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Charles Barkley: Kobe Bryant should take rest of season off

Dec 20, 2013, 10:45 AM EDT

Kobe Bryant didn’t mince words, and neither did Charles Barkley.

“Only an idiot would” doubt his resolve to return, Kobe said.

“Kobe Bryant shouldn’t play anymore this year,” Barkley said.

Kobe is definitely right, and Barkley might be right.

Nobody should even consider that Kobe won’t work as hard as he can to get back on the court as soon as possible, but that’s precisely why Barkley is also on the right track.

It’s possible Kobe is fully healthy and rehabilitated within six weeks, as originally projected. I’m not convinced of that, given Kobe’s age, but it’s possible. If that happens, Kobe should return. There’s no sense of him sitting when he’s capable of playing.

However – and this is a point raised by Barkley – Adrian Peterson has set unrealistic expectations for returning from injury. This shouldn’t be a competition, though it will be to someone as competitive as Kobe. If he rushes back (again?), he’s exposing himself to further injury.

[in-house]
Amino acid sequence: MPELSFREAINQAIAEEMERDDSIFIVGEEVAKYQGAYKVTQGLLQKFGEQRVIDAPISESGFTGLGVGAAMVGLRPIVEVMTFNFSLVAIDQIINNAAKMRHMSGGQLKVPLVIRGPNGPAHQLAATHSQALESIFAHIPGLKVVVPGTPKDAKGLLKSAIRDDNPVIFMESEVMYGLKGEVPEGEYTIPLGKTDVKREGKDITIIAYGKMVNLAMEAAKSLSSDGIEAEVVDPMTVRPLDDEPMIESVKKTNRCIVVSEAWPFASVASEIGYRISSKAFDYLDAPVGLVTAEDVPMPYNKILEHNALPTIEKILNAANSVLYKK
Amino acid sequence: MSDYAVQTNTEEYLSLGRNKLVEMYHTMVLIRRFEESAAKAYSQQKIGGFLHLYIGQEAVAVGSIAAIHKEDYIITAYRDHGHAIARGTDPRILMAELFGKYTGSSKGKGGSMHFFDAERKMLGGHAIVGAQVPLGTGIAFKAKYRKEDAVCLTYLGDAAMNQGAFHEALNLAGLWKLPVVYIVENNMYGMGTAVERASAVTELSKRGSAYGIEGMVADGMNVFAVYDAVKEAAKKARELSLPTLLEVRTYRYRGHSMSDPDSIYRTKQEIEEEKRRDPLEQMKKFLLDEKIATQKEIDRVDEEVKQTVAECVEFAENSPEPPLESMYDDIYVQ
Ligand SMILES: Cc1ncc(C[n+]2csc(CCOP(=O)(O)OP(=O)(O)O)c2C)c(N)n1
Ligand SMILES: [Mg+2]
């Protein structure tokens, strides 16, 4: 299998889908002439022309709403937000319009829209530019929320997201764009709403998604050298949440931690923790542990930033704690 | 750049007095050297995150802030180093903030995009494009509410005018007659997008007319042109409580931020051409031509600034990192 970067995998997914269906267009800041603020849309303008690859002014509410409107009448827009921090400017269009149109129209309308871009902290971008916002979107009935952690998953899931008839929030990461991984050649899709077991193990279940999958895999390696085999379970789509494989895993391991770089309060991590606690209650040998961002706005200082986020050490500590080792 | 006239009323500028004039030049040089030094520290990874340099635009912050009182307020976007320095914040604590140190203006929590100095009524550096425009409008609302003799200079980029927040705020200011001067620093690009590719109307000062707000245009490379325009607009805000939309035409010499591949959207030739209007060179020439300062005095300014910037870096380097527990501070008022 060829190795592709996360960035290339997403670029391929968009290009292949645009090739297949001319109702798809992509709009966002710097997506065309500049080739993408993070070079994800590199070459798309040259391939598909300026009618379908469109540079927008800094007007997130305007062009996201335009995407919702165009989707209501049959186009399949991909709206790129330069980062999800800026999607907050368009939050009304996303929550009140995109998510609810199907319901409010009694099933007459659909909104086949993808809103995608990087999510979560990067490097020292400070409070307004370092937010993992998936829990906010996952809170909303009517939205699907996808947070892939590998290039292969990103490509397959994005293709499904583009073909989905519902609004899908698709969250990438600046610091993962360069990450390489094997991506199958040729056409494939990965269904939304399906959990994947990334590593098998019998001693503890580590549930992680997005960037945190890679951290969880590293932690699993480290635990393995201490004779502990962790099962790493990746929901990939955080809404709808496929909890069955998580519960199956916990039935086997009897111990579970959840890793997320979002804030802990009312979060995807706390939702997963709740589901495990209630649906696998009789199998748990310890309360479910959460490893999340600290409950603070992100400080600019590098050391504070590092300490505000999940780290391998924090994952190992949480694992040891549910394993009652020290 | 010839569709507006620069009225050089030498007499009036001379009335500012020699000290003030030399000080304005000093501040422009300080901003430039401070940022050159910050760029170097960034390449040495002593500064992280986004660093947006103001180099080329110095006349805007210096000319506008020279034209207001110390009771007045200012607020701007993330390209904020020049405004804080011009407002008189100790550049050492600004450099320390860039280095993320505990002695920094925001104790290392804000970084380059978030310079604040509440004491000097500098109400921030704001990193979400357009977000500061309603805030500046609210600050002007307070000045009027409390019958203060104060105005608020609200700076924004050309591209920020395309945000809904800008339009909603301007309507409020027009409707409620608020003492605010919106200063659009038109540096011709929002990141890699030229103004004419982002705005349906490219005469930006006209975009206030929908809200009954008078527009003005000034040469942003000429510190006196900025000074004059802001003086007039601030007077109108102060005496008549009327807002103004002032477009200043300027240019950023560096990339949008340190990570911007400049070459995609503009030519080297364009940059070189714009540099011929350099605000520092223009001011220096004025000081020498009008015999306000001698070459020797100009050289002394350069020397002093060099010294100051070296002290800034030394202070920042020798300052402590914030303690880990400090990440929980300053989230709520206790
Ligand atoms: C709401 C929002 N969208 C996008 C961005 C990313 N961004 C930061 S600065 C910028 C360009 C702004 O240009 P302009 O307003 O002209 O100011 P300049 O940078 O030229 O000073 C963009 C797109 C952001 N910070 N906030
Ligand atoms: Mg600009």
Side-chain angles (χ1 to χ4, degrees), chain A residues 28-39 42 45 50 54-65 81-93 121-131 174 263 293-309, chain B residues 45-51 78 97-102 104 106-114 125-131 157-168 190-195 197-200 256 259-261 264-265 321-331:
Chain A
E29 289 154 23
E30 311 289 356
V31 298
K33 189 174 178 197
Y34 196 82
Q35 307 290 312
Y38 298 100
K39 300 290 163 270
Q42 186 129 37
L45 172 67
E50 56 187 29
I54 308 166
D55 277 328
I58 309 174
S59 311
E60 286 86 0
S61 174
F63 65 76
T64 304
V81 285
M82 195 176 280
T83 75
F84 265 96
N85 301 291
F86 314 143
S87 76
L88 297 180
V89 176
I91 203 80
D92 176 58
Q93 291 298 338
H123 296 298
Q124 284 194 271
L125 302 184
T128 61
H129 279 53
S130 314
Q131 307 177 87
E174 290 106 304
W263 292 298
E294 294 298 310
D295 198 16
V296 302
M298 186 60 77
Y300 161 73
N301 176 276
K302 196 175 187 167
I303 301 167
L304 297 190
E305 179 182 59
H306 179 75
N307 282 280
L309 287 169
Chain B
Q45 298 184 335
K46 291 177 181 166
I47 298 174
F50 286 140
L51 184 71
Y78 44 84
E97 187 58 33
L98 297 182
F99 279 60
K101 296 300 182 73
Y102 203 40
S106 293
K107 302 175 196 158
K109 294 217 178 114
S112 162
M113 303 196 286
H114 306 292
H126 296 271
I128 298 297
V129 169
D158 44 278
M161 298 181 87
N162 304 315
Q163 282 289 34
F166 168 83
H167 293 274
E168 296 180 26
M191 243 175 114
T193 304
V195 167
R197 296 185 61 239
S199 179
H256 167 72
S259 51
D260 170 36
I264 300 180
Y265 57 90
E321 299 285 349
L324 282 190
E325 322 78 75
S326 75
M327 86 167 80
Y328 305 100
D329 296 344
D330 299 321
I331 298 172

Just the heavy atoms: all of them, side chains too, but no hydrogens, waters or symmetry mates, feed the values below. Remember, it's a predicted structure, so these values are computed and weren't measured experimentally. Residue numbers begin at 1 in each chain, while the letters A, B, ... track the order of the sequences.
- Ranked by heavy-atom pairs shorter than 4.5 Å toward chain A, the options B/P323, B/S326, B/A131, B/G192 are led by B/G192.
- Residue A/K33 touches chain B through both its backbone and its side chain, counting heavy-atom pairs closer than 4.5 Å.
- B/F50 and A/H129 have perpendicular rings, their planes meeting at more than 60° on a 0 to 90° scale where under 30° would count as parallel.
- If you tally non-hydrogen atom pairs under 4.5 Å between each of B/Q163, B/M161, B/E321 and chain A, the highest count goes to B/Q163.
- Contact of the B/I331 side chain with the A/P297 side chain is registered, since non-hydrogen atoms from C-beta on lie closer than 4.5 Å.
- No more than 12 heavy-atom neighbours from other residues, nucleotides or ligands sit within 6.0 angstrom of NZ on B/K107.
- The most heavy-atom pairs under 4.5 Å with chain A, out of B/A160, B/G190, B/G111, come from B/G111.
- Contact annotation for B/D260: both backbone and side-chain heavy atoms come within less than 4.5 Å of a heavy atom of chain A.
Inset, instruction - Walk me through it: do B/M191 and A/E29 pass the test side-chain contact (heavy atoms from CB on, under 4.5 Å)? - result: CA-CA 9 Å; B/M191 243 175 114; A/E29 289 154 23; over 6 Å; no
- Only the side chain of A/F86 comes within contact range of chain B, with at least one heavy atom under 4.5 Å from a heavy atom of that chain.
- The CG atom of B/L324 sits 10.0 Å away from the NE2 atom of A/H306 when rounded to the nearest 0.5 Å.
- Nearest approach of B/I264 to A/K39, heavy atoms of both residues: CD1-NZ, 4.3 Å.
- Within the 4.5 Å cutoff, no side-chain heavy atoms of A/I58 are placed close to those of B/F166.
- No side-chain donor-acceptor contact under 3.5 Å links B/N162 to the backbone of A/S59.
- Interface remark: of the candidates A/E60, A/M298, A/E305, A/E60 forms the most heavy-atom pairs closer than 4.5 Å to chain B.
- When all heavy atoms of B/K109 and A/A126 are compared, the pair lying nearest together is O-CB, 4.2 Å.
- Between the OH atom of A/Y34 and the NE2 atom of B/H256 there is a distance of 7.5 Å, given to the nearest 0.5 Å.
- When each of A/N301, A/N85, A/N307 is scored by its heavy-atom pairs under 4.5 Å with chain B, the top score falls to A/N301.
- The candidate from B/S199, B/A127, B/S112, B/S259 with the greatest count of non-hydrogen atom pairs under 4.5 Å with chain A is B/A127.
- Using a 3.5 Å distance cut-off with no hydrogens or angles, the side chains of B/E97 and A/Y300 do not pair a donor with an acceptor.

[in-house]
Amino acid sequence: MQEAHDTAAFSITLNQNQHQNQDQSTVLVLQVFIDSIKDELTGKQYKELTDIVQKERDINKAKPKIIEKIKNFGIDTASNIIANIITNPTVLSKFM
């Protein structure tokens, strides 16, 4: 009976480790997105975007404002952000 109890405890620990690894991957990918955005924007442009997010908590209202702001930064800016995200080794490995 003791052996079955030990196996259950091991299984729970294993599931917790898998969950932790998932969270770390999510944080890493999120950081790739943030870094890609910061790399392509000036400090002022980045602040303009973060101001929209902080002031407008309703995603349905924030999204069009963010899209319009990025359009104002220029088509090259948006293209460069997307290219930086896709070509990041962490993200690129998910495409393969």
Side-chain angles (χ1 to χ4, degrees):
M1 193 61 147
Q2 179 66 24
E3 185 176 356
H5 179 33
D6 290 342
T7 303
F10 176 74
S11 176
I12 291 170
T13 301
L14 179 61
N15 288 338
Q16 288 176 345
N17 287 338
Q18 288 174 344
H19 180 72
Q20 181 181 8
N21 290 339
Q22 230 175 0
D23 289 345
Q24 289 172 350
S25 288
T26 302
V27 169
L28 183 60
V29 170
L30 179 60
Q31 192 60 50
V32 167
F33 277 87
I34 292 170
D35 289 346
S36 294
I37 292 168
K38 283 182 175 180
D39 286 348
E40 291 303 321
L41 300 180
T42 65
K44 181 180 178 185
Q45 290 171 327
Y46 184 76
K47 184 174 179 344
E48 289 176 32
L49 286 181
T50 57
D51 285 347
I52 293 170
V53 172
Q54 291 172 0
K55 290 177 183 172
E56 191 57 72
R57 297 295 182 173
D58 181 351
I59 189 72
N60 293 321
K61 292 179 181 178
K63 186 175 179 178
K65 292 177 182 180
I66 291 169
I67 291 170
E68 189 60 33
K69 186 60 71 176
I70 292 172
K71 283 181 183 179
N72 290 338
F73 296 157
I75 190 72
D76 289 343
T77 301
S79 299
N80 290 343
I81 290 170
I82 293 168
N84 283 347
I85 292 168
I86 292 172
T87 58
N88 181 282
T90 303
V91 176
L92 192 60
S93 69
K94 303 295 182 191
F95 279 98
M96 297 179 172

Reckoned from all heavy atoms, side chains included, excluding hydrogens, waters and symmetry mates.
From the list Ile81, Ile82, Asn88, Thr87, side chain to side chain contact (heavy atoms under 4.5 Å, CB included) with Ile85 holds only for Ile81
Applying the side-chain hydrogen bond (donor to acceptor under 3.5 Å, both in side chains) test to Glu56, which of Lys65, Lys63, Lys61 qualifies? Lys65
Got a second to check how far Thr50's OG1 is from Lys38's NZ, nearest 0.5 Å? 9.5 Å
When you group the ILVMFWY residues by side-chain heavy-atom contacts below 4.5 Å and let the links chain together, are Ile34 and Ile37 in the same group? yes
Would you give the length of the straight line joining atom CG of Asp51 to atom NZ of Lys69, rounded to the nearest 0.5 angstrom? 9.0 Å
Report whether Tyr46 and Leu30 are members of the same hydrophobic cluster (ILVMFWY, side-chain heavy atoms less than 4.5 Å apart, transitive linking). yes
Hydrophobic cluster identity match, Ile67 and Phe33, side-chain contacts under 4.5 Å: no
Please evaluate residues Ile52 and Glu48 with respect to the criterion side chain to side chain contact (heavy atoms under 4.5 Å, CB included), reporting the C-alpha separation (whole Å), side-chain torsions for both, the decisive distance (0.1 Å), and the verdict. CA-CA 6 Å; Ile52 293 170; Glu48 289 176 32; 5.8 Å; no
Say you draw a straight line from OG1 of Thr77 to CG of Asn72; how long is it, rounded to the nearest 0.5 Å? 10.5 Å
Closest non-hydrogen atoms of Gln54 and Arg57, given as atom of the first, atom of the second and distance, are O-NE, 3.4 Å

Announcement: Pro Basketball Talk’s partner FanDuel is hosting a one-day $50,000 Fantasy Basketball league for Friday night’s games. It’s $25 to join and first prize is $7,500. Starts at 7pm ET on Friday. Here’s the FanDuel link.The Lakers weren’t bad without Kobe, though probably not good enough to make the playoffs in the Western Conference. They were still finding there way with Kobe when he went down, and if he returns this year, they’ll just have to re-start that process.

I wouldn’t go as far as Barkley – “With or without him, the Lakers suck either way” – but this Lakers season hinges less on Kobe than perhaps any other.

If Kobe can get fully healthy for next season, even if that means sitting out the rest of this year, the Lakers will be better off. And if Kobe misses the rest of this season, he might even have a shiny new lottery pick to help him next year.

  1. nflcrimerankingscom - Dec 20, 2013 at 10:56 AM

    Overuse leads to more overuse.

    The achilles injury was not some freak accident but the large amount of minutes Kobe played did not allowed sufficient recovery of the tendon (stress / strain properties change).

    Now, after that injury, Kobe is back but not fully recovered and will put asymmetric loading on his body, which ends up putting more stress on another body part.